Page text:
How to Leverage Infographics for B2B Marketing

infographics for B2B marketing

Infographics are a popular topic (and sometimes target) for discussion amongst anyone doing online marketing. A sharp uptick in the volume of infographics being created has made getting your graphic “heard above the noise” more difficult. But infographics can still be an extremely effective tactic for generating awareness, communicating a story and getting traffic and earned links.

One challenge some folks run into with infographics and data visualizations (not unlike most types of content) is that they view their industry or area of focus as “too boring” to generate relevant ideas for infographics that will also get traction socially and with bloggers. After all, to make it a success you need to generate that attention, traffic, and earned links. This is a particularly popular objection with companies considering developing and promoting infographics for B2B marketing.

Discover the Zoho Ecosystem

Drive Traffic to Your Website

Sell Your Business

There  are a lot of different ways to generate shareworthy content ideas for your niche.  Businesses are generating interesting data visualizations all the time. So we’ll talk specifically about some methods for developing ideas for B2B focused infographics, with examples.

Tie Your B2B Infographic to a Timely Industry Hook

One important thing to keep in mind in creating infographics (or other types of content as well, for that matter) is that if you think hard enough about your niche, you can likely come up with an angle that bloggers and press will be interested in.

Look at content that’s created in publications related to what you do. What types of events and news stories are they regularly focusing coverage on? What kind of interesting data visualization can you create that will add to that coverage and discussion?

Quarterly Earnings or Annual Holidays


Small Business Deals

WordStream (my former employer) created an infographic titled how Google makes its money.  They created another on the industries contributing to Google’s revenue, which performed very well. Both were launched right after Google released their quarterly earnings report. The tech and business press are always looking for information and additional angles to talk about earning reports from big companies. So the timing of the graphic’s release helped in both cases.

The nice thing about events like quarterly earnings is that they’re inevitable (they happen every quarter). So you can plan for them and have the graphic ready to launch as they come up.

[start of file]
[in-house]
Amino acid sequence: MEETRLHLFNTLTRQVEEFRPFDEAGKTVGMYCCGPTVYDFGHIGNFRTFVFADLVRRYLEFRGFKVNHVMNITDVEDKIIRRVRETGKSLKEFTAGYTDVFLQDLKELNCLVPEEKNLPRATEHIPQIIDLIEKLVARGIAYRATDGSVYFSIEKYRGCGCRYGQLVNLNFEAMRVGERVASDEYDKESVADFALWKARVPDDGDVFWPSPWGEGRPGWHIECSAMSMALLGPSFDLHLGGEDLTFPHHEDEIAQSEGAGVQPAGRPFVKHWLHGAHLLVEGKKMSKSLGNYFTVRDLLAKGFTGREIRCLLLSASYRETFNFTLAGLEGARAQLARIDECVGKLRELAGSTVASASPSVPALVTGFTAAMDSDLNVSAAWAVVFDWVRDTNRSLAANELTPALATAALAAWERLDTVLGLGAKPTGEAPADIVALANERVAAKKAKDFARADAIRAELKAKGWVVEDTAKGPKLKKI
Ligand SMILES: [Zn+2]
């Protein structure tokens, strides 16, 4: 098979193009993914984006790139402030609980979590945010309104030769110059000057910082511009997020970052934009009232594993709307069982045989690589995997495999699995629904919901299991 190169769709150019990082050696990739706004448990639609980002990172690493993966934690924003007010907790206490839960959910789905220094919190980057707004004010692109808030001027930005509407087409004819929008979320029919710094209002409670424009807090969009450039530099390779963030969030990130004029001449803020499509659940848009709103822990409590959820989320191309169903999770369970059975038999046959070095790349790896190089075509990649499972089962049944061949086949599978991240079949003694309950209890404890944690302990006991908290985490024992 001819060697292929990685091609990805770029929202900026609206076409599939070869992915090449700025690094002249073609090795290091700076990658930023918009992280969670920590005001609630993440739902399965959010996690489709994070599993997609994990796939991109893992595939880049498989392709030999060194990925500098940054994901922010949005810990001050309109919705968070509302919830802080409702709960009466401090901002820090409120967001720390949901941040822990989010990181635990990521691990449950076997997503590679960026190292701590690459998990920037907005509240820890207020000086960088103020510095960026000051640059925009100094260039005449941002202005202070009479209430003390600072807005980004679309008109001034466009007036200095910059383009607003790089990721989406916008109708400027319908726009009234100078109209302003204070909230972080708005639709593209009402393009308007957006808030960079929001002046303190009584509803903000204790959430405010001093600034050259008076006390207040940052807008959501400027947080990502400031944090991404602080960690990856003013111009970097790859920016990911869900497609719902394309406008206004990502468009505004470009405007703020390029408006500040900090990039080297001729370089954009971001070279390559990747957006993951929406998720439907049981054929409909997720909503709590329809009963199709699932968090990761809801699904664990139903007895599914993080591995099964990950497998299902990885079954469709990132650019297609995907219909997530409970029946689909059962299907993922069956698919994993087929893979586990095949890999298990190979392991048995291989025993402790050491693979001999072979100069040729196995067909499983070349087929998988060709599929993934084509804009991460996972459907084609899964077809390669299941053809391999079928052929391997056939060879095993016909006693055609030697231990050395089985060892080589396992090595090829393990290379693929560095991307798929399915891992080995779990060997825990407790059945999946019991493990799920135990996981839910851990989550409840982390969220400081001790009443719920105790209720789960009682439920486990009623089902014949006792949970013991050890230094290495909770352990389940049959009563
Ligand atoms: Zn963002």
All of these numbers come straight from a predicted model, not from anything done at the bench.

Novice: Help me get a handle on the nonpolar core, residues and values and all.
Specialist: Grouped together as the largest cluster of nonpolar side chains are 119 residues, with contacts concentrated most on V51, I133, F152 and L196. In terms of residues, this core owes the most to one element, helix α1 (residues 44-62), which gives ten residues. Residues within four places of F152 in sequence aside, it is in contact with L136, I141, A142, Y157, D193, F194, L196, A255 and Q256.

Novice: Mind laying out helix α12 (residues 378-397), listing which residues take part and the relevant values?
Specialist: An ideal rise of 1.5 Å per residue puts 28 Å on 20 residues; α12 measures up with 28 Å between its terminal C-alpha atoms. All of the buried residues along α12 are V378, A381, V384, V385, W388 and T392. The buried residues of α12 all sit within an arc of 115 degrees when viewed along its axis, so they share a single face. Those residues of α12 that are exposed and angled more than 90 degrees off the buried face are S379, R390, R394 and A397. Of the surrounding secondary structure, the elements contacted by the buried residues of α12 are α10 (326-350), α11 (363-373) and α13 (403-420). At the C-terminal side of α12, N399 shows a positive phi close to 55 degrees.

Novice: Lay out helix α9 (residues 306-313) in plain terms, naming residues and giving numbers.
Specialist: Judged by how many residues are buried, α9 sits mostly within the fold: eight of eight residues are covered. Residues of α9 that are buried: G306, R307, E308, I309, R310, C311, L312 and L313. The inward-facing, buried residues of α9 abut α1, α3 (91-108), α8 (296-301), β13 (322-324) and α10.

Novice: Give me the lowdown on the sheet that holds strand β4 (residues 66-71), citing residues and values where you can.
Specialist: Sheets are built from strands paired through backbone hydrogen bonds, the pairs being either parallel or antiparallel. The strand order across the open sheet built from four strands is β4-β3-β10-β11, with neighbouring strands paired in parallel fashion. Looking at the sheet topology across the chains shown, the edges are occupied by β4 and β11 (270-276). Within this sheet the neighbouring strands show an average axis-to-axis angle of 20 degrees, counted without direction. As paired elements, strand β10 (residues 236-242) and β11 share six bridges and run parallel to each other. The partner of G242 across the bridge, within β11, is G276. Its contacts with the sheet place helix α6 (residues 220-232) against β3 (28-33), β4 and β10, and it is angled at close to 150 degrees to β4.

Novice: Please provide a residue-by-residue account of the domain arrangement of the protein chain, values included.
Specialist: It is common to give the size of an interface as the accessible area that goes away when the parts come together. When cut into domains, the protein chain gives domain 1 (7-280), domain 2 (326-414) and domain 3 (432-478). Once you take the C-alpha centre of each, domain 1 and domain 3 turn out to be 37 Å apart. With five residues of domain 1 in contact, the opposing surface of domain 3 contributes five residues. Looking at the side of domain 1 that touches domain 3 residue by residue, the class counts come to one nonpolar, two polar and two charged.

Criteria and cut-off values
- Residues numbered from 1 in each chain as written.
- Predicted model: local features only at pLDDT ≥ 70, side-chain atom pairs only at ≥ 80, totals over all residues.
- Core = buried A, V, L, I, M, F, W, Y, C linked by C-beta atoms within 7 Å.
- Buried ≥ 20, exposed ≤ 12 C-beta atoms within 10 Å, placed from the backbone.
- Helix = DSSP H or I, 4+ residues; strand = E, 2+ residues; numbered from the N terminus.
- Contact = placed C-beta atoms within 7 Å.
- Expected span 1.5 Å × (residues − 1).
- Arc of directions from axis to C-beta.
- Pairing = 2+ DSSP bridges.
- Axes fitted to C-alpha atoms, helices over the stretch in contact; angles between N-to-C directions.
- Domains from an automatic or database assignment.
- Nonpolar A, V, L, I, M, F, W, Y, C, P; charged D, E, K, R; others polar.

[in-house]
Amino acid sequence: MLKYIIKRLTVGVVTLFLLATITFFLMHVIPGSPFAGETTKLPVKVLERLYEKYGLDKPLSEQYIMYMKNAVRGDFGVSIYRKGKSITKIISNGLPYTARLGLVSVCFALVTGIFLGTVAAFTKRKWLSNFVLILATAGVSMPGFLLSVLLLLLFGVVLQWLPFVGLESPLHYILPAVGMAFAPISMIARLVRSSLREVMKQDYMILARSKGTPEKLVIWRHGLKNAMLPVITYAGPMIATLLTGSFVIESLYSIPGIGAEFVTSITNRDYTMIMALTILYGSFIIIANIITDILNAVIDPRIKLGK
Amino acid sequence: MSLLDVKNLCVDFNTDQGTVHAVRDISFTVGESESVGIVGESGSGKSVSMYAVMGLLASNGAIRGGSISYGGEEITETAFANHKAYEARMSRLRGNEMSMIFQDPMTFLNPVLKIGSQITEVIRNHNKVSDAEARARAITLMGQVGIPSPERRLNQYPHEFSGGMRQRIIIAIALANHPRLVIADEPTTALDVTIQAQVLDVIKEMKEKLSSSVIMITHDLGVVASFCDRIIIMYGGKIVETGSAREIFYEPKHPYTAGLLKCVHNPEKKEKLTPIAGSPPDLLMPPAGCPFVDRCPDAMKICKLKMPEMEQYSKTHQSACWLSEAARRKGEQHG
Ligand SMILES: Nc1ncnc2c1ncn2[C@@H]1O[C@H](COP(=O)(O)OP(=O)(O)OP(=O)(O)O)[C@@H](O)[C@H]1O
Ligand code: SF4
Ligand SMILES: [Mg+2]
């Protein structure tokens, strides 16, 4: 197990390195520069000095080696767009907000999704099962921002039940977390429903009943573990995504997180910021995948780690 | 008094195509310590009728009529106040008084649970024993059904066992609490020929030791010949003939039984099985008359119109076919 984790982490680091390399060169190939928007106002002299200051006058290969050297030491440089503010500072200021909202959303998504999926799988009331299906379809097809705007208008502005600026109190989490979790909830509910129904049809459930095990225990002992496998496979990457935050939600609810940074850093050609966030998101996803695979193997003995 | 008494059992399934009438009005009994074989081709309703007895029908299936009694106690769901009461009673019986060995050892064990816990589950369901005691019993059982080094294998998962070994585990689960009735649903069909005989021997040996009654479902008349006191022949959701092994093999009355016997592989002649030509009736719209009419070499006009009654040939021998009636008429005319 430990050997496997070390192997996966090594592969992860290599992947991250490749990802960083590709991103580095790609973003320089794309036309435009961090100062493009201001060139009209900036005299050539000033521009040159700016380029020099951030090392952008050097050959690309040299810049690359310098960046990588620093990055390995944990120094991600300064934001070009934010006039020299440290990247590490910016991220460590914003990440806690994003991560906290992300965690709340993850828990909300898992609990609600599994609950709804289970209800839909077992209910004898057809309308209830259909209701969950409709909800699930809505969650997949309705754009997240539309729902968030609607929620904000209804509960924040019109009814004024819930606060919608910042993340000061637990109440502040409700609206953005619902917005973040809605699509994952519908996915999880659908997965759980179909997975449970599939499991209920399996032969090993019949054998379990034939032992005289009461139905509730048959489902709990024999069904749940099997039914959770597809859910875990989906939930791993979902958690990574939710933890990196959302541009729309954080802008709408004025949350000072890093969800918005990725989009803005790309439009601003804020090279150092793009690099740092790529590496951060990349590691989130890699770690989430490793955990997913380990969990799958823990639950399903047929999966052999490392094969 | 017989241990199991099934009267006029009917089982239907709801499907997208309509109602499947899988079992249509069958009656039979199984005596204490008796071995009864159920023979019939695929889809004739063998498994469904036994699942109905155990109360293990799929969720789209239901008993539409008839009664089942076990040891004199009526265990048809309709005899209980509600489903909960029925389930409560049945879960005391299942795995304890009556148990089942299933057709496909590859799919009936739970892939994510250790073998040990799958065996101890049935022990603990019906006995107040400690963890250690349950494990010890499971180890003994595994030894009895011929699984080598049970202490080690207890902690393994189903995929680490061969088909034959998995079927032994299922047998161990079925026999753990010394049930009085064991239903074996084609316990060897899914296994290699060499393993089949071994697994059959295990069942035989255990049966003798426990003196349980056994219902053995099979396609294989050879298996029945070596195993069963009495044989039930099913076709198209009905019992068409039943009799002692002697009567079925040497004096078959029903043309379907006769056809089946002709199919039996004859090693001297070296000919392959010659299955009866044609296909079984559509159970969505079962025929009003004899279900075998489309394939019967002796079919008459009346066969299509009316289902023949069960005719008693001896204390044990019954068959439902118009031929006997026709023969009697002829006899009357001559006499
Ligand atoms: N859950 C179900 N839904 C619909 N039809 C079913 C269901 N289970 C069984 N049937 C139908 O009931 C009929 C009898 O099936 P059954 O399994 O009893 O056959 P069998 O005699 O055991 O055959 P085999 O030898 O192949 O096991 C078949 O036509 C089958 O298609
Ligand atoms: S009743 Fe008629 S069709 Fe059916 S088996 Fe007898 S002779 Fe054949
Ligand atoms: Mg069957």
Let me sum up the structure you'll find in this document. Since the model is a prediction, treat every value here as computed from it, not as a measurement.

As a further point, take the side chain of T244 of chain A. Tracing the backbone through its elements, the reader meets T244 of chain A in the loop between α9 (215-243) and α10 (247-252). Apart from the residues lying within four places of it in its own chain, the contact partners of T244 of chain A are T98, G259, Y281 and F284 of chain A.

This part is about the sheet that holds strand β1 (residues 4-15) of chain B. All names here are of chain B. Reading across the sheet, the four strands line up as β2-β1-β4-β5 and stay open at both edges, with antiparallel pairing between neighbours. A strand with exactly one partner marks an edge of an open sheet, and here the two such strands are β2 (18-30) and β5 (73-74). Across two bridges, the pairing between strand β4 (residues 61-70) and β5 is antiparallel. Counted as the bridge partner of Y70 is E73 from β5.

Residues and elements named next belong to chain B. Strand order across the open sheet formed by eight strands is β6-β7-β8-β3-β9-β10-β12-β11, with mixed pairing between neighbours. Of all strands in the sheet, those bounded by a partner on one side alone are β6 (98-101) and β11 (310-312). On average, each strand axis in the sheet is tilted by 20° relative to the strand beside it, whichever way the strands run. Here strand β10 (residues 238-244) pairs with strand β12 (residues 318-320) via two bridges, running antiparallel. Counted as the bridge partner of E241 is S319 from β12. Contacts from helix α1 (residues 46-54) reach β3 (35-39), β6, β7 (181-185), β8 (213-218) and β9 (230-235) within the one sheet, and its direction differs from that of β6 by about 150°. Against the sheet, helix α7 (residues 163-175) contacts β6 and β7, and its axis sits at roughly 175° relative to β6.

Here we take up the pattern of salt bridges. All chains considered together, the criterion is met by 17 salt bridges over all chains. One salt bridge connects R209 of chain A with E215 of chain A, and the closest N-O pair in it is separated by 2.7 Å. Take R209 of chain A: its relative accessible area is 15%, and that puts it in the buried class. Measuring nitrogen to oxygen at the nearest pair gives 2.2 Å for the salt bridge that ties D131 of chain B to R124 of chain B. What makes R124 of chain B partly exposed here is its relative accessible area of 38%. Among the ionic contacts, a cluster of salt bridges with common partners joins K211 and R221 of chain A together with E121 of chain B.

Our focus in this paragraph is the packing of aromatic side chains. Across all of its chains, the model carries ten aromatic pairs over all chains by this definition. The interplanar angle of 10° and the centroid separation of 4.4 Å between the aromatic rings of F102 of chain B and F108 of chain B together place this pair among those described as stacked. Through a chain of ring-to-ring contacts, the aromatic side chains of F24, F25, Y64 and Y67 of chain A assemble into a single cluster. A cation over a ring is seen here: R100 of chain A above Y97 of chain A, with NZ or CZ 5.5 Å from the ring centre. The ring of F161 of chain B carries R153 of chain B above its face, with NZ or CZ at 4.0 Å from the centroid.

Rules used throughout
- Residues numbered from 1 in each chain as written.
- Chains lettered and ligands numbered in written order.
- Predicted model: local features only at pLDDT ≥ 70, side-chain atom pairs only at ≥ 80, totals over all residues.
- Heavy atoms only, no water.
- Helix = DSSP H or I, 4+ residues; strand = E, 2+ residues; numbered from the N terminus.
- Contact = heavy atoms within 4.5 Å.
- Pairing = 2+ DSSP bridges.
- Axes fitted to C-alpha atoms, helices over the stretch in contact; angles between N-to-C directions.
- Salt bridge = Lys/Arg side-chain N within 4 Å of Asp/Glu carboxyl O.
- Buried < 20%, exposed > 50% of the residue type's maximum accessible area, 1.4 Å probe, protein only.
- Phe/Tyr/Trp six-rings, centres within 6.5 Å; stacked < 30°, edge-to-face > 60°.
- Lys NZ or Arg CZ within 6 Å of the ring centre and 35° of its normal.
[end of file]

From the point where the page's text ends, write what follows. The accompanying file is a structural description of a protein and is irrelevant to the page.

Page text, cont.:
Noteworthy News Events


These can be a little trickier because you have to time them specifically with a news event (and frequently you have to get a little lucky regarding when you get the graphic out, as you may be dependent on the shelf life of the story). But if you get it right, you can really have the graphic pop.

Veracode, a Web application security company, released this infographic on Twitter hacks the week of a prominent Twitter hack of USA Today’s account. As a result, the site received links and mentions from prominent sites like Mashable and ReadWrite.

“Explainer” Graphics & How-Tos


Like with any content, if you can cover the key points surrounding a central concept that many people in your niche may be interested in and/or confused by, or if you can explain how to execute on something, people will be willing to share what you’ve created. There are a number of tactics you can take in creating explainer and how-to infographics for B2B, including:

  • Offer definitions to commonly used terms and outline the current configuration of your industry, including key players, etc.  Be careful not to be overly self-aggrandizing.
  • Find a salacious related field / topic to yours and go into depth on it.
  • Offer a simple, easy to understand statistical breakdown of an existing problem. Sometimes these are the easiest to share.
  • You can also leverage expertise for an interesting graphic that explains a topic. If you’re a designer, creating a graphic on use of fonts and colors is a pretty obvious example. But if you’re a trade show company with some expertise on what catches people’s attention, that can make for an interesting graphic as well.

Graphics Aimed at a Specific Niche of Likely Sharers

Certain niches just share content more. With infographics, you’re typically looking for a topic that will be interesting to bloggers and social sharers.